Marilyn Heins

Ilustración por Tammie Graves / La Estrella de Tucsón

Illustration by Tammie Graves / Arizona Daily Star

As a physician, a parenting-through-the-life-cycle columnist and an octogenarian myself, I feel pretty qualified to write about health issues in the geriatric crowd … though I suspect many of my readers are long past the age a pediatrician would accept them as patients.

Aging brings about many wear-and-tear problems to virtually all of us. Arthritic joints, fragile skin, diminishing eyesight and hearing, balance problems, minor memory loss, crumbling teeth, etc. All these symptoms are very common, but don’t think of them as a “disease.” They occur because we were lucky enough to have survived to old age and our body is wearing out. Just think of the number of times we have used our thumbs or knees — no wonder these joints have become arthritic!

Doctors cure or try to cure diseases. They cannot cure aging. But they can help us stay healthy, advise us how to deal with the inevitable problems of aging and take care of us when we get sick.

Our current health-care system is pretty good for those of us on Medicare. But the Tucson area has a shortage of primary-care doctors, the internists, geriatricians and family practitioners we go to for our annual physical or when we have a problem.

Here are Dr. Heins’ suggestions for health care in the geriatric set:

Every one of us should have a primary-care doctor. If you don’t, find one as soon as you can. How? Word of mouth from friends is helpful. Some doctors have waiting lists for new patients. Sign up if you have heard good things about the doctor.

Think of your doctor as your partner. Don’t be a silent partner. You may protest, I’m not a doctor! But you know yourself better than anybody else does. Keep track. Write down any problems before you go to the doctor. I do an assessment of me before I go to the doctor. I evaluate me from my head to my feet, the way I was taught in medical school to do a “review of systems” on patients. I take this list to my doctor and jot down what she says about each problem. Also take a list of your medications, both prescription and over-the-counter. This list, with the names of all your doctors as well as next of kin information, should be in your wallet at all times, as emergencies do happen.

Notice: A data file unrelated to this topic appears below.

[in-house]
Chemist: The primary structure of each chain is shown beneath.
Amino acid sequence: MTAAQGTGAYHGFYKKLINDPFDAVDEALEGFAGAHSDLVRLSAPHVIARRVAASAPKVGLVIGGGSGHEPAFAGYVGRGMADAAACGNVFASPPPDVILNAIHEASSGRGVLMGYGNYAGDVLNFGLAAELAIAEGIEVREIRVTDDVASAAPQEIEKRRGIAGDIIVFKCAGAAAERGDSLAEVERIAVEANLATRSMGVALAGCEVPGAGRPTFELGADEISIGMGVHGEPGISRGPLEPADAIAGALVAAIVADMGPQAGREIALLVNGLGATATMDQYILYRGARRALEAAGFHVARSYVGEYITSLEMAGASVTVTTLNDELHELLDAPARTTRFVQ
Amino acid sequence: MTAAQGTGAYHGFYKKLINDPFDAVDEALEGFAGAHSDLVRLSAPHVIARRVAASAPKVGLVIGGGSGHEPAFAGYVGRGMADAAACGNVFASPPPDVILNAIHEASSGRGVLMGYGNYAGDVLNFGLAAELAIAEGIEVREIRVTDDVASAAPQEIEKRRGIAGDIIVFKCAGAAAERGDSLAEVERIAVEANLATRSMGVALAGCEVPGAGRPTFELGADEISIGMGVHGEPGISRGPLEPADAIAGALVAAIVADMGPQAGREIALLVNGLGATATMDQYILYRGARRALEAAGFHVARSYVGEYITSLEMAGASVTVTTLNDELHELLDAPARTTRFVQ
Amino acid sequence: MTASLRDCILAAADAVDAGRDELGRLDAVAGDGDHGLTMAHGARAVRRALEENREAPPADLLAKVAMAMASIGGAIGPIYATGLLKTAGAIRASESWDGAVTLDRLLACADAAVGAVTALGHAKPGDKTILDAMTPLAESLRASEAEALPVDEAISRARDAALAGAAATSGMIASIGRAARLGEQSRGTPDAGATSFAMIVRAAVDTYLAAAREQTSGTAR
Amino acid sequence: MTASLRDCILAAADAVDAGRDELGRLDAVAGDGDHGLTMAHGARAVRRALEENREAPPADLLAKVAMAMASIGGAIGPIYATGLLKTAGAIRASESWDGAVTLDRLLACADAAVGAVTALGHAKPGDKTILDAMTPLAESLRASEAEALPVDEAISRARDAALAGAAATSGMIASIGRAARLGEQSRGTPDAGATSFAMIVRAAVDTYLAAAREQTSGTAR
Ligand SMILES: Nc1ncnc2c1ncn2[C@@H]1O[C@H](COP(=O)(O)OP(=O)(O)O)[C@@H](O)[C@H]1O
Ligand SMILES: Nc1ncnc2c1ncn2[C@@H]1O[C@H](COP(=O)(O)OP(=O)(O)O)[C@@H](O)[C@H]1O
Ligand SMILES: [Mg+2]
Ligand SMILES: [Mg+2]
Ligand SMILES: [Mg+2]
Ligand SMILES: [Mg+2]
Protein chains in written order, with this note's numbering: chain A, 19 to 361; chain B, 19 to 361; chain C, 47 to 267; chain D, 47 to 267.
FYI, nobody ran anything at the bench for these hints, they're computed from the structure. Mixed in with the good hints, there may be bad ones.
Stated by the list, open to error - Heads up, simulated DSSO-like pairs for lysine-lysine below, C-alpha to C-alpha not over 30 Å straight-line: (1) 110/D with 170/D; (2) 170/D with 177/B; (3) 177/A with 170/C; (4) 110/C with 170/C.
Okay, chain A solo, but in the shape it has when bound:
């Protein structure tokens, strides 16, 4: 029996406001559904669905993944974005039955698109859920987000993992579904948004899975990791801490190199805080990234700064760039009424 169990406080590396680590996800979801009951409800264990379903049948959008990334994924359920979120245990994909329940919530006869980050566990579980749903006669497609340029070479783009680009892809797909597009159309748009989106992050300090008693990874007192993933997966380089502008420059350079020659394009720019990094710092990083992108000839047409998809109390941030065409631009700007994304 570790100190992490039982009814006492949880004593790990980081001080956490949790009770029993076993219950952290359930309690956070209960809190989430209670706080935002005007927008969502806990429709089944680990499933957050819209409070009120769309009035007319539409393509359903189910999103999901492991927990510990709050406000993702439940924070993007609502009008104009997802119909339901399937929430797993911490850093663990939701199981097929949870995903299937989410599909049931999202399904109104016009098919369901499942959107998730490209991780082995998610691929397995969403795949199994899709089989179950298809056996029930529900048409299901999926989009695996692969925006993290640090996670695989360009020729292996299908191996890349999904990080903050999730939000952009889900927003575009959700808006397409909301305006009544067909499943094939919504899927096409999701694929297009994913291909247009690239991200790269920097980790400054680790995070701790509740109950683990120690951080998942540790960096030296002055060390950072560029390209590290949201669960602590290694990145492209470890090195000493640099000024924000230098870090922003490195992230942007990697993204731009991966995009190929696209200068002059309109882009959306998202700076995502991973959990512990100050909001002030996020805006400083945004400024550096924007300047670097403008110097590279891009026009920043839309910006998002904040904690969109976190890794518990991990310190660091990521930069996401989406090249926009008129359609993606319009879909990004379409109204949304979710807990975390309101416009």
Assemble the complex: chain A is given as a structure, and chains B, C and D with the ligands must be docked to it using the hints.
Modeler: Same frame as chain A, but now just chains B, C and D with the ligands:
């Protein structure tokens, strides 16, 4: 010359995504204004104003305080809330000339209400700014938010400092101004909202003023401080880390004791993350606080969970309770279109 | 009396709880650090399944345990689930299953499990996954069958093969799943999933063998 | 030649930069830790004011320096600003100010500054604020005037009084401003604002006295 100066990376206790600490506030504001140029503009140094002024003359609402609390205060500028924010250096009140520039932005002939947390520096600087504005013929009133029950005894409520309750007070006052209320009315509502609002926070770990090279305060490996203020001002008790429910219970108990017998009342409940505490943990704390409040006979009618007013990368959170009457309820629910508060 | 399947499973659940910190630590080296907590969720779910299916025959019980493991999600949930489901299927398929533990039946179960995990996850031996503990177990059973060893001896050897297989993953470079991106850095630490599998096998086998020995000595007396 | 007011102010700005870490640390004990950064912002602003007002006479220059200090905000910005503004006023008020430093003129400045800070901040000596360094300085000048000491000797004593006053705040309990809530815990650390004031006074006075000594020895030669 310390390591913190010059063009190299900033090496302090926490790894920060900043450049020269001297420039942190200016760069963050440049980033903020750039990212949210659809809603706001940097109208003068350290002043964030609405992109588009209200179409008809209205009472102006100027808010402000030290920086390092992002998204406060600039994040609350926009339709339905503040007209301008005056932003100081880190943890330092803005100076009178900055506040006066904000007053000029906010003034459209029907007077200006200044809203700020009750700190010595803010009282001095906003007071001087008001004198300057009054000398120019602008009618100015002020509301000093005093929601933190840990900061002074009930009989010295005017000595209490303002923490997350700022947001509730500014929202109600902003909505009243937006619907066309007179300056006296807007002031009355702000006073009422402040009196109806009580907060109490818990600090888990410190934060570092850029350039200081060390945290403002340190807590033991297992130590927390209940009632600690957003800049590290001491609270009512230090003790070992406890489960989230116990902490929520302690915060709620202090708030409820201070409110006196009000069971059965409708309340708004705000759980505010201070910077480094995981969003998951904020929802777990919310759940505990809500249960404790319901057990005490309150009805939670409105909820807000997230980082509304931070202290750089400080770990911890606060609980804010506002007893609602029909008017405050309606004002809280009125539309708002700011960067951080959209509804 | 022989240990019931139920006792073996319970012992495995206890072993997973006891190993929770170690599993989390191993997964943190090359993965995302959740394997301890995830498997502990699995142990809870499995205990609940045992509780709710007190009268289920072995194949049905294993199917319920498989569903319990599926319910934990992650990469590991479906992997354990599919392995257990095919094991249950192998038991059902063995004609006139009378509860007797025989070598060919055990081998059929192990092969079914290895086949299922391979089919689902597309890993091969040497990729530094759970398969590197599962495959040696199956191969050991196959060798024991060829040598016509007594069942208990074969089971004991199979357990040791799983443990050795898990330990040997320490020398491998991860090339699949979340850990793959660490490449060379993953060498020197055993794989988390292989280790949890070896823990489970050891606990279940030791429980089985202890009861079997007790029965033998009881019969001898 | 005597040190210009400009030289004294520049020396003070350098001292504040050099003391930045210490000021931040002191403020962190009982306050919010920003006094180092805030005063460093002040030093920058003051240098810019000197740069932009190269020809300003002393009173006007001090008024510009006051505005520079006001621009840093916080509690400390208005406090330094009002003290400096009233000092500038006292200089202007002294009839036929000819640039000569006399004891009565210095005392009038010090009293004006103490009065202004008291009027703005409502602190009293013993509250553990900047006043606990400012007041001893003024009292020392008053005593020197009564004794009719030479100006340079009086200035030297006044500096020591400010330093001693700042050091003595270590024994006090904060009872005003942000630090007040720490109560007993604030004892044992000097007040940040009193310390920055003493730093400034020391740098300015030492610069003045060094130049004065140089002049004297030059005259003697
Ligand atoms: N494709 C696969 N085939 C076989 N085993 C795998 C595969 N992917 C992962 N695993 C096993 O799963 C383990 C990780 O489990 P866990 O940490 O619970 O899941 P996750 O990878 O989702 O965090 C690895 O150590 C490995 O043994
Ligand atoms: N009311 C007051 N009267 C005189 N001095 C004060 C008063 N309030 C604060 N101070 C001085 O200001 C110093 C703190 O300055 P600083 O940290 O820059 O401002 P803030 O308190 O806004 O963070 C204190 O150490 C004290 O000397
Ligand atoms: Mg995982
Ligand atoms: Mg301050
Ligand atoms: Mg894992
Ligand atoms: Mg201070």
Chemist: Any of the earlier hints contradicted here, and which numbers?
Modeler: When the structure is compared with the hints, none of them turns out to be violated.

I keep a medical file on myself. After every doctor visit I file the summary my doctor gives me along with my notes. I glance at this before I go to my doctor or another health professional like a dentist or a medical specialist so I can fill out the health questionnaires they usually ask for. I also file results of lab tests and X-rays

Doctors have their own language and often speak in initials as a shortcut. Good docs will translate for you but, if not, ask. A friend was discharged from the hospital where she was treated for pneumonia. She was called by her doctor’s office after a follow-up X-ray was read and told her chest was clear. My friend had expected to hear her pneumonia was better and, though it was, she still worried. “What does that mean?” are four words to use when we do not understand a health professional.

Fortunately, we don’t catch a cold every few weeks like kids do, but we sure can be laid low by pneumonia, shingles or flu, all of which can be prevented or made less severe by immunizations. Keep all of your immunizations up to date and file the information. Once upon a time, which I actually remember,there was nothing doctors could do for most infectious diseases. The treatment and prevention of infectious diseases is one of the reasons for our longevity.

Many surgical procedures and medications that save lives today were not invented or perfected when I was in practice. Diseases of the heart or cancer or painful hips and other joints can strike and may require a referral to a specialist. Sometimes after treatment you will be referred back to your primary-care doctor. Whether you continue to see both the specialist and your primary or just your primary, make sure that both know about all of your medications.

One question I get from both parents of young children and the elderly is, “When should I call the doctor?” Most of us know what a medical emergency is (the sudden onset of difficulty breathing, loss of consciousness, uncontrolled bleeding, trouble speaking or moving, etc.) and we know how to call 911.

What about when you feel sick and wonder whether your doctor should see you? I told parents to use the “Three P’s” to decide. The first P stands for Personal Pattern. Do you always cough like this when you get a cold, or is this a cough like you never had before? The second P is Persistence. Does the pain you felt in your wrist after typing for a couple of hours go away, or is it sticking around? The third P is Progression. Is the symptom getting worse? If you are in doubt, call the doctor. I was once miserable, but not in an emergency, so I went to an urgent care center1 . I was diagnosed and treated for the flu and then called my own doctor to make a follow-up appointment.

What about online advice? I felt uncomfortable answering a parent’s medical question without examining the child. I told parents I could give generic advice about an illness, but, for prescription advice, the child had to be seen. It’s OK to use the internet to get general information, provided you go to a reputable source. But if you seek specific medical information about a sick child or your sick self, call the doctor.

Dr. Heins is a pediatrician, parent, grandparent, great-step grandparent and the founder and CEO of She welcomes your questions about parenting throughout the life cycle, from birth to great-grandparenthood! Email